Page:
The irony is that the major appeal of the X can be attributed to Samsung's OLED display, apart from the notch for which Apple can claim full credit. One can only imagine that describing the features of the new display must have been killing Apple from the inside as against showering praise on the Apple-designed components. There is no denying that this is the first edition device of a larger strategic roadmap. In that sense, it bears semblance to the first iPhone. It is not meant to have the features that would logically make life easier for Face ID users. Instead, these "revolutionary" updates will "magically" appear at a later date in forthcoming iOS devices which, as per my gut feeling, won't go beyond X as far as nomenclature is concerned. After all, it seems that tech companies are obsessed by the 'X' factor, going by the erstwhile Mac OS X and the current Windows 10. Thus, in more ways than one, the X is the new avatar of the 5C, but I specifically hope for it to be closest to it in sales. The world at large will of course have other ideas and we may have to resign ourselves to the power of the masses, even if it leads down an abyss.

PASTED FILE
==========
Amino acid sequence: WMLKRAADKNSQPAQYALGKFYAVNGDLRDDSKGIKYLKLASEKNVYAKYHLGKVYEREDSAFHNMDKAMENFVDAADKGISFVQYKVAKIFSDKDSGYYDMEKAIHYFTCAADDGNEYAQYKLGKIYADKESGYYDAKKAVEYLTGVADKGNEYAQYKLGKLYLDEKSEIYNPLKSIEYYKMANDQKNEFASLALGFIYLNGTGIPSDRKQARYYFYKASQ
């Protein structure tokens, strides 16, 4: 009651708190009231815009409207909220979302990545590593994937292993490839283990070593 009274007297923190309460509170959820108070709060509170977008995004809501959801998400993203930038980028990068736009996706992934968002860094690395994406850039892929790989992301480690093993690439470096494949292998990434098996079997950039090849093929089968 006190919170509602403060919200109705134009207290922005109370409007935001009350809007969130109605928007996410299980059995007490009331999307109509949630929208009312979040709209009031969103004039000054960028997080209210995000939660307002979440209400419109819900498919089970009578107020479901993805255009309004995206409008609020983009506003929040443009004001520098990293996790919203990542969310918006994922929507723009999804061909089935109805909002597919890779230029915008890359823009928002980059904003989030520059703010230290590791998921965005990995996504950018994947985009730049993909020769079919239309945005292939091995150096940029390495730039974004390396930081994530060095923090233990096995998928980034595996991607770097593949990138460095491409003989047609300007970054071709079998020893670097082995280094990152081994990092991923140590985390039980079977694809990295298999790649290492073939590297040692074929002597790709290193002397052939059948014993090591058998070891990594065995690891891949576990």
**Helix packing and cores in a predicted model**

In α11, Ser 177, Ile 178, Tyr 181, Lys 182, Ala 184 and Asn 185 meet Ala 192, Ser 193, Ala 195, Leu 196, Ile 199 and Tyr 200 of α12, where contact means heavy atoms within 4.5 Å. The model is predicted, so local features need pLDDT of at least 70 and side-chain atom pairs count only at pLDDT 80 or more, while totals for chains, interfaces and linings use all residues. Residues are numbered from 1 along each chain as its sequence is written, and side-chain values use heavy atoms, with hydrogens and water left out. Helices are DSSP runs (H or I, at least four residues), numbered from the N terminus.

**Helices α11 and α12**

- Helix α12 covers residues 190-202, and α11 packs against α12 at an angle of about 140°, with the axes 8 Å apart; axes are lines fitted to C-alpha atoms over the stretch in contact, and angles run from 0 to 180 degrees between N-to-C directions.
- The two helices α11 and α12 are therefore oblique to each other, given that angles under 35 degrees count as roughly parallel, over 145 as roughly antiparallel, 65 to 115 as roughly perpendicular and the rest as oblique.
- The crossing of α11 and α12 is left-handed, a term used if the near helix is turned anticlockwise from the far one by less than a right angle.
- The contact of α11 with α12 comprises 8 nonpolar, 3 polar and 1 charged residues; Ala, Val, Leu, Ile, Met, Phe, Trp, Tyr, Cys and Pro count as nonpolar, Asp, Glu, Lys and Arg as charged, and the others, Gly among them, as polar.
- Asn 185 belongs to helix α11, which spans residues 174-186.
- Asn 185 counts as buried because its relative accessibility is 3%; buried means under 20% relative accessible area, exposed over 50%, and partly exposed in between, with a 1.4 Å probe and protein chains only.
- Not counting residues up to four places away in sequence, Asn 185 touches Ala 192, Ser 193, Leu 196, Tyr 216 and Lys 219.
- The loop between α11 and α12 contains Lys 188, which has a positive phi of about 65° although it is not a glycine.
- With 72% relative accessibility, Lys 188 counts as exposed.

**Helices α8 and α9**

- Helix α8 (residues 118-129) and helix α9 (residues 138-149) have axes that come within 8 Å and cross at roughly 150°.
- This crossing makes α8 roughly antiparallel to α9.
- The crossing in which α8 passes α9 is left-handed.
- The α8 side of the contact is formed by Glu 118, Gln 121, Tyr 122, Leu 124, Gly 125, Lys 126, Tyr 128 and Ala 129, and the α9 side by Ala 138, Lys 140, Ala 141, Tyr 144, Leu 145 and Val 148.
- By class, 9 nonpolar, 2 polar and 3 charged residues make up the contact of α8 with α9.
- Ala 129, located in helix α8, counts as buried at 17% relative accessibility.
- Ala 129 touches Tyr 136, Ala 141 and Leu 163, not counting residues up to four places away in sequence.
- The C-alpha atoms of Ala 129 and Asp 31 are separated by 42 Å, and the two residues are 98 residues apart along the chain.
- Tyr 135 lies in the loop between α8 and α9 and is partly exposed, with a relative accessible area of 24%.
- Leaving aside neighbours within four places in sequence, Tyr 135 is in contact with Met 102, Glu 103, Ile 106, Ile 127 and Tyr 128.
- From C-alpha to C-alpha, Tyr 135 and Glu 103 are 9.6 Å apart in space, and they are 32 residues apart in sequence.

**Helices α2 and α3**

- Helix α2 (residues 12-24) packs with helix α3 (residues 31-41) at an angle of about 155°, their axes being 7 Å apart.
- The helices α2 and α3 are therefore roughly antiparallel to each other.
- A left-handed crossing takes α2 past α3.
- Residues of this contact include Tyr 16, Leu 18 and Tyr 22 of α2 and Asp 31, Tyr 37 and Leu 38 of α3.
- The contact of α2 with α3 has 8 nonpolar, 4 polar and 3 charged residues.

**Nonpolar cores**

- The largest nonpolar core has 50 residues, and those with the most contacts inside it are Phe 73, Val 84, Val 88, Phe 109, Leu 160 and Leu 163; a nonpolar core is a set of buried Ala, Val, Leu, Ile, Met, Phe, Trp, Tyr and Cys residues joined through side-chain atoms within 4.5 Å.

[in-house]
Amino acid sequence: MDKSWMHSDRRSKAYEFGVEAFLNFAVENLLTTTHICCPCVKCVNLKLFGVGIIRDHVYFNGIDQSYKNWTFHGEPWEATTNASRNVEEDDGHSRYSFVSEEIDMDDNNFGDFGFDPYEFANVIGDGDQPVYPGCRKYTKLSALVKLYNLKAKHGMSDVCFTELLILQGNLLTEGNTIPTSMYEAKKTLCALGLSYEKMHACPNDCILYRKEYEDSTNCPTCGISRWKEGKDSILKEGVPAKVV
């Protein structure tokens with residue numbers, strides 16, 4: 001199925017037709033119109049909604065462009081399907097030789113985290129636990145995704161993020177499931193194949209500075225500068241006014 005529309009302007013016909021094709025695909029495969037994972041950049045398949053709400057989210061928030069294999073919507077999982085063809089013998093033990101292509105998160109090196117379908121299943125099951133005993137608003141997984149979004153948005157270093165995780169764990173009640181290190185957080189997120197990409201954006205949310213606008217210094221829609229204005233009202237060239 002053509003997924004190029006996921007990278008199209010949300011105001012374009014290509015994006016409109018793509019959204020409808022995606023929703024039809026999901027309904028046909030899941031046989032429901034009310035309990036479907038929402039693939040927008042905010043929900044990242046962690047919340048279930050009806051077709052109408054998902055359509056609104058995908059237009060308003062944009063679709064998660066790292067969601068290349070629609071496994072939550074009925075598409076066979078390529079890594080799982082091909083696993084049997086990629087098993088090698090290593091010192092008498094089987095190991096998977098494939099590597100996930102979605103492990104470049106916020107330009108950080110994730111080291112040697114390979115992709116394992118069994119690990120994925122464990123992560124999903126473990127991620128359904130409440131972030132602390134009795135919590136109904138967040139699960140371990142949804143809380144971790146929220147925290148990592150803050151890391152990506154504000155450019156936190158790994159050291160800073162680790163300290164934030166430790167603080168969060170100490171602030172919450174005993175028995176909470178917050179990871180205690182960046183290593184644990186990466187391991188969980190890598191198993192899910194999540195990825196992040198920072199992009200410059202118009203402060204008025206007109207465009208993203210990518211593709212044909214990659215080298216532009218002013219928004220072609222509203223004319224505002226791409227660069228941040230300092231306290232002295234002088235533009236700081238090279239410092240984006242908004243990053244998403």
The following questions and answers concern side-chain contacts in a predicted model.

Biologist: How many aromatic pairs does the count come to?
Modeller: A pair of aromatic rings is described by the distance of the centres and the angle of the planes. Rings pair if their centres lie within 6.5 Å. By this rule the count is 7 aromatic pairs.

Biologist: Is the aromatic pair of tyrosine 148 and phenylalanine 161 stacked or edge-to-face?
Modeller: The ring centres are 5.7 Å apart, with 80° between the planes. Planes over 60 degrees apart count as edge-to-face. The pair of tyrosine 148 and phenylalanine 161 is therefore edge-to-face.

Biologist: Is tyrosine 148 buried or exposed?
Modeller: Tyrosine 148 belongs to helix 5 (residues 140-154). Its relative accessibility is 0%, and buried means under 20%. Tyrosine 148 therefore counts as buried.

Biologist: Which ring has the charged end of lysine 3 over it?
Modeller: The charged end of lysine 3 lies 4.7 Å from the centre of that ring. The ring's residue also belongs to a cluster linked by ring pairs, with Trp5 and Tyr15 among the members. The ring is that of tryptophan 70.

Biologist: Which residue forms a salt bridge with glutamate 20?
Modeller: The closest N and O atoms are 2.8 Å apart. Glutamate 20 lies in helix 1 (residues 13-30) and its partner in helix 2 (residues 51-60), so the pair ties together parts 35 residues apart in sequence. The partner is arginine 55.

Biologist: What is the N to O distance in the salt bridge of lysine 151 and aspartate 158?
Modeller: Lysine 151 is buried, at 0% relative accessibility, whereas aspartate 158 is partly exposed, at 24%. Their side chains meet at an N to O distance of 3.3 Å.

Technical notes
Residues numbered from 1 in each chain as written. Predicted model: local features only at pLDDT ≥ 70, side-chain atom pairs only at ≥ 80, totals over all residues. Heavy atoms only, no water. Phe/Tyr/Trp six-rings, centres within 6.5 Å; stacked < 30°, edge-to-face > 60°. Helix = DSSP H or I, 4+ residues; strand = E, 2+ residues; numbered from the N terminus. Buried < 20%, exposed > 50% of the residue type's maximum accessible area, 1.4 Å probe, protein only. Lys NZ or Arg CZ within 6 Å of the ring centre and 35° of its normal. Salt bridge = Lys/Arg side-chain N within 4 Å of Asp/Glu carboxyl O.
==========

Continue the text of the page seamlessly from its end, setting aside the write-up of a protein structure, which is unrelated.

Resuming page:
Musing #36: The Next Big Thing

I just started reading 'The One Device' the other day and have made it past the first couple of chapters wherein the book briefly touches over Apple's transition to innovation after its lost years. Of course, this is not the first time I have come across the story as the Steve Jobs' biography covers it in much greater detail. However, the underlying message to take away is that well-executed ideas can make a huge difference to the fortunes of a company, even though the innovation may be more evolutionary than revolutionary.

Although the situation is far from similar, reading this phase of Apple's history makes me ponder over the flux the Indian IT industry finds itself in now. If anything, the requirement for innovation in the industry has been expedited. However, what comes around in the public domain sounds more like Orwellian Newspeak. The mention of AI, Automation, Cloud, Digital, Agile in the broadest of terms seems to have little more intention than to placate the shareholders. After all, shareholders in India seem to be a particularly emotional bunch going by the swings that take place after an obvious piece of news is shared by the media. This has necessitated the use of these terms along with others like Big Data, DevOps which have been in circulation for a pretty long time, enough for them to not be considered as part of a novel strategy. Yet, it forms the basis of optimism for a huge industry and its employees.